So obtain a wide long container of some type, dig a hole, and bury it up to the top in the soil. Find a way to prop some sort of rain cover over it so the rain doesn’t dilute the beer (for example, a cover propped up with sticks, so the slugs can still have access.) The slugs will think there is a party in your garden and slide right in. They will drown but hey who doesn’t want to go out with a bang. If you must kill an entire species in your garden, do it nicely, with booze.
If you surround your vege patch with overturned items like pots, old ice cream containers, Chinese takeaway containers etc you will find that the slugs have crawled under them and have suctioned themselves to the bottom. Then in the morning you can pick them all out and drive them up the mountain. Or if you are already battle-hardened you can mix them with salt and watch their little souls go to heaven.
You could also put an offcut of wood around the garden bed. The slugs will crawl under these during the day to hide before becoming a night-time menace. So just upturn all of the wood offcuts before dark and feed them to the duck in your local pond, they love them!
While the thought of using perfectly good coffee grounds horrifies me, it is in fact a good method of keeping the slugs at bay. However sacrificing your coffee stash for a slug may be a drug too far. Just be careful not to use espresso and not too much coffee because it can cause problems for some plants.
When slugs touch copper, a chemical reaction occurs which is horribly toxic for the slug. The slime creates an electric current and produces a massive electric shock for poor little sluggy. The good news about using copper is that it works whether it is wet or dry, and hot or cold, and little sluggy doesn’t die horribly. He just oozes off to find something else to decimate. The copper has to be at least 2 inches wide to be a full deterrent to Mr Sluggy.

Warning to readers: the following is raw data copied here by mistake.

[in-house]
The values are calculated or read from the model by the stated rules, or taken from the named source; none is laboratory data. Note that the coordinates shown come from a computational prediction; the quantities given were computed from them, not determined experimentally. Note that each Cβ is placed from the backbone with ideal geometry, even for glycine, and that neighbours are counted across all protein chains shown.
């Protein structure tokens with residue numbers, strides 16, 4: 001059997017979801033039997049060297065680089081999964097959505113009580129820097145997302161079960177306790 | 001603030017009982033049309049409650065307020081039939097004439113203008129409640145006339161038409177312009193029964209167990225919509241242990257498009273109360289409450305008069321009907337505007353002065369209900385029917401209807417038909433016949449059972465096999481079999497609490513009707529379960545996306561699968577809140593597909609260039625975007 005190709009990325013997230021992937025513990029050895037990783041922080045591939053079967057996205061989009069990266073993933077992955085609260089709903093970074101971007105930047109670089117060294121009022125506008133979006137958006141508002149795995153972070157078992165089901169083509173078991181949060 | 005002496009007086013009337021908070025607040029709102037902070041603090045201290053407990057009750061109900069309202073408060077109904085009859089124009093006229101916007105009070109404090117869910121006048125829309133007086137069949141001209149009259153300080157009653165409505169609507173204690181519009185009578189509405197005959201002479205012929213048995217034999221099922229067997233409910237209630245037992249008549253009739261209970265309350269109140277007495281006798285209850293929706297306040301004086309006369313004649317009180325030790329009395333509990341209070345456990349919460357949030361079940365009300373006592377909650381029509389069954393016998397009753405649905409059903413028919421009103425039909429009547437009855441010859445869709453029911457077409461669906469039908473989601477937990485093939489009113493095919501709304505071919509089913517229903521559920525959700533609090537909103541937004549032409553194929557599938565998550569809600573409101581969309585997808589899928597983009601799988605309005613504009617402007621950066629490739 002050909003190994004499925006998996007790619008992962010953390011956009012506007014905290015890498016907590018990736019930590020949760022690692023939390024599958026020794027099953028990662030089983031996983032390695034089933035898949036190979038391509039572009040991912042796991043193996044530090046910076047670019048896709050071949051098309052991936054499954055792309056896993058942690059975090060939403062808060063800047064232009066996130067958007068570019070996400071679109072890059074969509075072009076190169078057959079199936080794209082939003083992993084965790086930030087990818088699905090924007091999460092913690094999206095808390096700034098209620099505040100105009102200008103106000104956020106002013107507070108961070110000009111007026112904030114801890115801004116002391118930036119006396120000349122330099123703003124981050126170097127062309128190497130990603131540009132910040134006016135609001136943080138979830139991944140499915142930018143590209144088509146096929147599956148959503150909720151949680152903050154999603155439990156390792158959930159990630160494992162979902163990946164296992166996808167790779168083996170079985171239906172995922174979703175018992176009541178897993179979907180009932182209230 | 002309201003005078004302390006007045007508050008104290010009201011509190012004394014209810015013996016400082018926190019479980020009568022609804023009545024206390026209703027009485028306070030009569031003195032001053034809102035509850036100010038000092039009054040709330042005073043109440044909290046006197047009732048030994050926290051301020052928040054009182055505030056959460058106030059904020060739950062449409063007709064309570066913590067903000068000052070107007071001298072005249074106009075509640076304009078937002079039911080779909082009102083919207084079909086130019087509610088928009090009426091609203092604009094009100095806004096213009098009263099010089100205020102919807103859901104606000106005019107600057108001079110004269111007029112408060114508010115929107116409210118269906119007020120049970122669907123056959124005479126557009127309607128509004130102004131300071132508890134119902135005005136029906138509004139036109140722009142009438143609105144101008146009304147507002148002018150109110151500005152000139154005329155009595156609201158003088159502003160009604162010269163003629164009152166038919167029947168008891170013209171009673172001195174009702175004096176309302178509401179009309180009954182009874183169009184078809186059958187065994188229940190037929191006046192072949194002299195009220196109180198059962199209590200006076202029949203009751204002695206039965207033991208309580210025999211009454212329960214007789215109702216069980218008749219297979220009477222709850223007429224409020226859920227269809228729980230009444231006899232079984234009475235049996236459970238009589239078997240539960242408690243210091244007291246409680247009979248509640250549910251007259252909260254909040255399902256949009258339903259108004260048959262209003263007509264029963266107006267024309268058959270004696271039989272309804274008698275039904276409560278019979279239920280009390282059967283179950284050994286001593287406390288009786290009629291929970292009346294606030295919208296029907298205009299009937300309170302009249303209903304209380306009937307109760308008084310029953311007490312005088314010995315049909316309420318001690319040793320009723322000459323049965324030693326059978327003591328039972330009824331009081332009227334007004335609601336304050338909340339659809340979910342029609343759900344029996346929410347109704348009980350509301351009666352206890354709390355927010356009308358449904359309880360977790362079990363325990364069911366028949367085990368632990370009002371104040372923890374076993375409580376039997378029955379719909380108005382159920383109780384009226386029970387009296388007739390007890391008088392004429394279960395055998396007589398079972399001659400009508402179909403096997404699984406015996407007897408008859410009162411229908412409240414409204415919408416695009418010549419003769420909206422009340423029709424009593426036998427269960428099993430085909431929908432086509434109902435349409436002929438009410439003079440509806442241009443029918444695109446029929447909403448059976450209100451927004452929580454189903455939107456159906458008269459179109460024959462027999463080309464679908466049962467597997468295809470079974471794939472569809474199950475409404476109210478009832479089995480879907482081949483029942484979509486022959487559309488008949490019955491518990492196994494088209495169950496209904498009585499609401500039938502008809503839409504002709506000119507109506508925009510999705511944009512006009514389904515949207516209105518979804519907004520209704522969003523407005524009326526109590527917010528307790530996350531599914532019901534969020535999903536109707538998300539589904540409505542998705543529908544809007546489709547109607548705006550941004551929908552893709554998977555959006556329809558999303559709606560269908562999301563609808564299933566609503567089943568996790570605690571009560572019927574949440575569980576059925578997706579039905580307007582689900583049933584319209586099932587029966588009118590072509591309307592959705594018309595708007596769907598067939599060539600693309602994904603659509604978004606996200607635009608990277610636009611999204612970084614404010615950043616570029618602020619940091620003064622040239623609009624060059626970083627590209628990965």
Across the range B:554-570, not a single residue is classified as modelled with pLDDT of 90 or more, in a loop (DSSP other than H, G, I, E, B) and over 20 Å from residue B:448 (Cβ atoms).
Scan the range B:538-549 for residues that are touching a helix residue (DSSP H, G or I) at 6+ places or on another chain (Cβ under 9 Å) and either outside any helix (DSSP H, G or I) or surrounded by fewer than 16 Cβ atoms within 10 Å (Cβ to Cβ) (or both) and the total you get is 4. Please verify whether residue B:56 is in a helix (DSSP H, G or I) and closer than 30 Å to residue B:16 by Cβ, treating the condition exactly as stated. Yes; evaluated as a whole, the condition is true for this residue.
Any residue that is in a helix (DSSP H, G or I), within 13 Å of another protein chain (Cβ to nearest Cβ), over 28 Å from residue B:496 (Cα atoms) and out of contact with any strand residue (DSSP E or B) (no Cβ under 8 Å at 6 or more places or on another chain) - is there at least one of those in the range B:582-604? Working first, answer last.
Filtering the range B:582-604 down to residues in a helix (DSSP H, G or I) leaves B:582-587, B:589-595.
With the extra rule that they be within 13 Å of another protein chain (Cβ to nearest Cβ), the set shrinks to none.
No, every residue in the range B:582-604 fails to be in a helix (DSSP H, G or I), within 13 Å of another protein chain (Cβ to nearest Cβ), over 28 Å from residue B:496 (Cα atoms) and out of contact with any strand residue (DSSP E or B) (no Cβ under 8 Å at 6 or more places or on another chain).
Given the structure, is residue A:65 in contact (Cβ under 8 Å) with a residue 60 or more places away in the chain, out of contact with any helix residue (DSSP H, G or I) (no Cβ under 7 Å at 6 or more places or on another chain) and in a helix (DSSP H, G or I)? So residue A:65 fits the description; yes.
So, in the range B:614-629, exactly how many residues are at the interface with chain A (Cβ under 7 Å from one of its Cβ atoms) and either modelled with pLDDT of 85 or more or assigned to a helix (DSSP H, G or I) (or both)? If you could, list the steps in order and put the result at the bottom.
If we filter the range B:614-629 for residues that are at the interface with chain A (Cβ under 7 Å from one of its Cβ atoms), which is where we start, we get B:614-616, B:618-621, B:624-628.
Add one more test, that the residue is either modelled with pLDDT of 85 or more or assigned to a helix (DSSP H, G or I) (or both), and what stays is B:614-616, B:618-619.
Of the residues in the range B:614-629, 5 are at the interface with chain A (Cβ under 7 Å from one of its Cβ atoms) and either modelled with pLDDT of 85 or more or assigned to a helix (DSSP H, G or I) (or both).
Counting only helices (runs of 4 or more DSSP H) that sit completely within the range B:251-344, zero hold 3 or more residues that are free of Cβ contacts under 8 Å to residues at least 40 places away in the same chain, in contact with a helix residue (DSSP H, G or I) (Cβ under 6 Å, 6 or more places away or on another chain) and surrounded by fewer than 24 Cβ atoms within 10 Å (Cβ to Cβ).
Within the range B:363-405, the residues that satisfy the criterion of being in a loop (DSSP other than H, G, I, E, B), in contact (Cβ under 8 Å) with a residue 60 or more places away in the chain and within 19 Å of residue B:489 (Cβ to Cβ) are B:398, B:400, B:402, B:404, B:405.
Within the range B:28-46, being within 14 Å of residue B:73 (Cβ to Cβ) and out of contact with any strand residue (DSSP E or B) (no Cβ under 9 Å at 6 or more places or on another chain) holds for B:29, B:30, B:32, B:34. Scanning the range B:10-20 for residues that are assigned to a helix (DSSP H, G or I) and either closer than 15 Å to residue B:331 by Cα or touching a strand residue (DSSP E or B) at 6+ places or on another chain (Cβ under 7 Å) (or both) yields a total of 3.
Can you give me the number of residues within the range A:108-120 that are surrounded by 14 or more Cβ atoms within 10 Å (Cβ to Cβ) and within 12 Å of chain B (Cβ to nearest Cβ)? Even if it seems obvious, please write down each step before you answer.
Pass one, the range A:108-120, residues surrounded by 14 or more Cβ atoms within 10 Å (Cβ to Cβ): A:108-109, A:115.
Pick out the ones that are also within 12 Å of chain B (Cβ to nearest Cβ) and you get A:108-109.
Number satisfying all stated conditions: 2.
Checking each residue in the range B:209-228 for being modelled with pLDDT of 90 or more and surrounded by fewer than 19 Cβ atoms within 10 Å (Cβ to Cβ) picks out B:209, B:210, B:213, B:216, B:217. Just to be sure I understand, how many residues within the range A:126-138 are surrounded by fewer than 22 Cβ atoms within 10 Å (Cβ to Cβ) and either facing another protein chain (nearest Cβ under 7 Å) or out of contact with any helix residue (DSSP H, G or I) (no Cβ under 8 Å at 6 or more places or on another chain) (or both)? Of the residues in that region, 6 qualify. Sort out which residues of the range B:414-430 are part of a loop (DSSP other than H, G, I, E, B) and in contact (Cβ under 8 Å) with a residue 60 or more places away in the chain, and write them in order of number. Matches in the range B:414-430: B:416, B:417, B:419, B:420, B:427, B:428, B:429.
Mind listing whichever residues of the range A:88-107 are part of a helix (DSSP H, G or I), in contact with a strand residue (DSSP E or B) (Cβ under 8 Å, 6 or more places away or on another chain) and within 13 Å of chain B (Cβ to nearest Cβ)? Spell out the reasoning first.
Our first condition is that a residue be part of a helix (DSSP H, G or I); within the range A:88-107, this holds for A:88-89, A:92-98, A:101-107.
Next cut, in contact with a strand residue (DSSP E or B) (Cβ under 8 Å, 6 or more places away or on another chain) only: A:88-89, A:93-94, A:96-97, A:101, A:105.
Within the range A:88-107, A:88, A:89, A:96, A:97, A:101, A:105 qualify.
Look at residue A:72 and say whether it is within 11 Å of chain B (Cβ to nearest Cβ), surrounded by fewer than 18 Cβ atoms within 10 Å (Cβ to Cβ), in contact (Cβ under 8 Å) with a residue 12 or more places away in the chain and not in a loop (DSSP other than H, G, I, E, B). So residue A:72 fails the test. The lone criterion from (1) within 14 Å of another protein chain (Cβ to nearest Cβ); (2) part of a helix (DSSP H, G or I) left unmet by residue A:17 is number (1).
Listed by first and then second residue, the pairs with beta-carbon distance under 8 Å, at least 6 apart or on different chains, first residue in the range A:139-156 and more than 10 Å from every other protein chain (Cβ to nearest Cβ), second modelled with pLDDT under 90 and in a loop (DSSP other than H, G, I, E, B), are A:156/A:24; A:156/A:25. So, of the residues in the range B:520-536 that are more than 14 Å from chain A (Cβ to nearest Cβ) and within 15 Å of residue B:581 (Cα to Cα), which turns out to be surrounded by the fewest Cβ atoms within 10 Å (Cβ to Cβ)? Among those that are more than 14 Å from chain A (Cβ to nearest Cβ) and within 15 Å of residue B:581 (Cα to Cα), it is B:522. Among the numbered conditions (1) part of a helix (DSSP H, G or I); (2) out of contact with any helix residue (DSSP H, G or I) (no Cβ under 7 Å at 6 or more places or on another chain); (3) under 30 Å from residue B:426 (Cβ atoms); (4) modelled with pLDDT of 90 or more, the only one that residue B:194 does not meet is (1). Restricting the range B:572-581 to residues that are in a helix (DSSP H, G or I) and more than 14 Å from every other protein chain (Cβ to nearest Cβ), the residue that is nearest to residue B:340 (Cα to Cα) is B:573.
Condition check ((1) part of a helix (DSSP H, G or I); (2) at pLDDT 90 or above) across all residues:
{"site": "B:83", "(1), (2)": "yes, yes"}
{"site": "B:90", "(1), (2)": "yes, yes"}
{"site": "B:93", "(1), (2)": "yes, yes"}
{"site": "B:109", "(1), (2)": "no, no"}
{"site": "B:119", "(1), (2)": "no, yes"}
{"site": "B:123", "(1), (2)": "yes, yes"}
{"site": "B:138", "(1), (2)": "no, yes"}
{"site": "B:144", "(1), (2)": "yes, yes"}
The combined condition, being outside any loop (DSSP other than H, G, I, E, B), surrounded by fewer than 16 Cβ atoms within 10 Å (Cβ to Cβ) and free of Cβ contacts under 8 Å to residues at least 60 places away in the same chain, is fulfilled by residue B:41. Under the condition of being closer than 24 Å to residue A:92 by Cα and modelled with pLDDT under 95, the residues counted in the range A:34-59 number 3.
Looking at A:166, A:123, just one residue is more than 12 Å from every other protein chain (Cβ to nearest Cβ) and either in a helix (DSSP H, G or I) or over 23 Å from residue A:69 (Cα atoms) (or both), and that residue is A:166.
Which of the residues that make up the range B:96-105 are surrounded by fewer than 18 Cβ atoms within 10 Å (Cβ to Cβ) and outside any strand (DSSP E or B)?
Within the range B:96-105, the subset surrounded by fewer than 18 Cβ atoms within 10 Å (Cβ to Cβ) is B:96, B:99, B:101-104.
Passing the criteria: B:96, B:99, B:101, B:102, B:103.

If you take yourself down to a hardware or garden centre, you can even buy it as a tape. Ideally you could prop your plants on a table and wrap the copper tape around the legs of the table. We would like to see Mr Sluggy work out how to get to your lettuces without taking a ride on a bird.
The other way to use copper tape is to make a raised bed for the veges and put the copper tape around the side of the bed. There are some specialised products available in gardening stores, like small fences made from copper that you can erect around your plants. Copper is expensive though so this may not be a viable option if you have a large garden bed.
The first tip many people offer is to not water your garden at night. Slugs love the water and just ski right on into your lettuce bed.
However this tip is hilarious in Ireland; where no one has to water there garden ever, as Mother Nature does it for us all day long. Relentlessly. Incessantly. But if we ever did face a lovely drought, then don’t water your garden at night. Ha ha ha ha ha we don’t know any Irish person EVER who has watered their garden at night. Well, that hasn’t been attacked by badgers trying to eat the slugs anyway.
Get Some Badgers
Badgers happily eat slugs and snails. But they also eat dogfood too. So if you want them to eat your slugs, be sure to not leave Fido’s bowl out for them. But badgers will eventually let you down by digging a big hole in your garden and fumbling around and crushing your lettuce. Okay let’s scrap the badger idea.
And if all else fails, give up and go to the farmers market. You may even get a nice coffee to go with your lettuce. And a cupcake. What lettuce?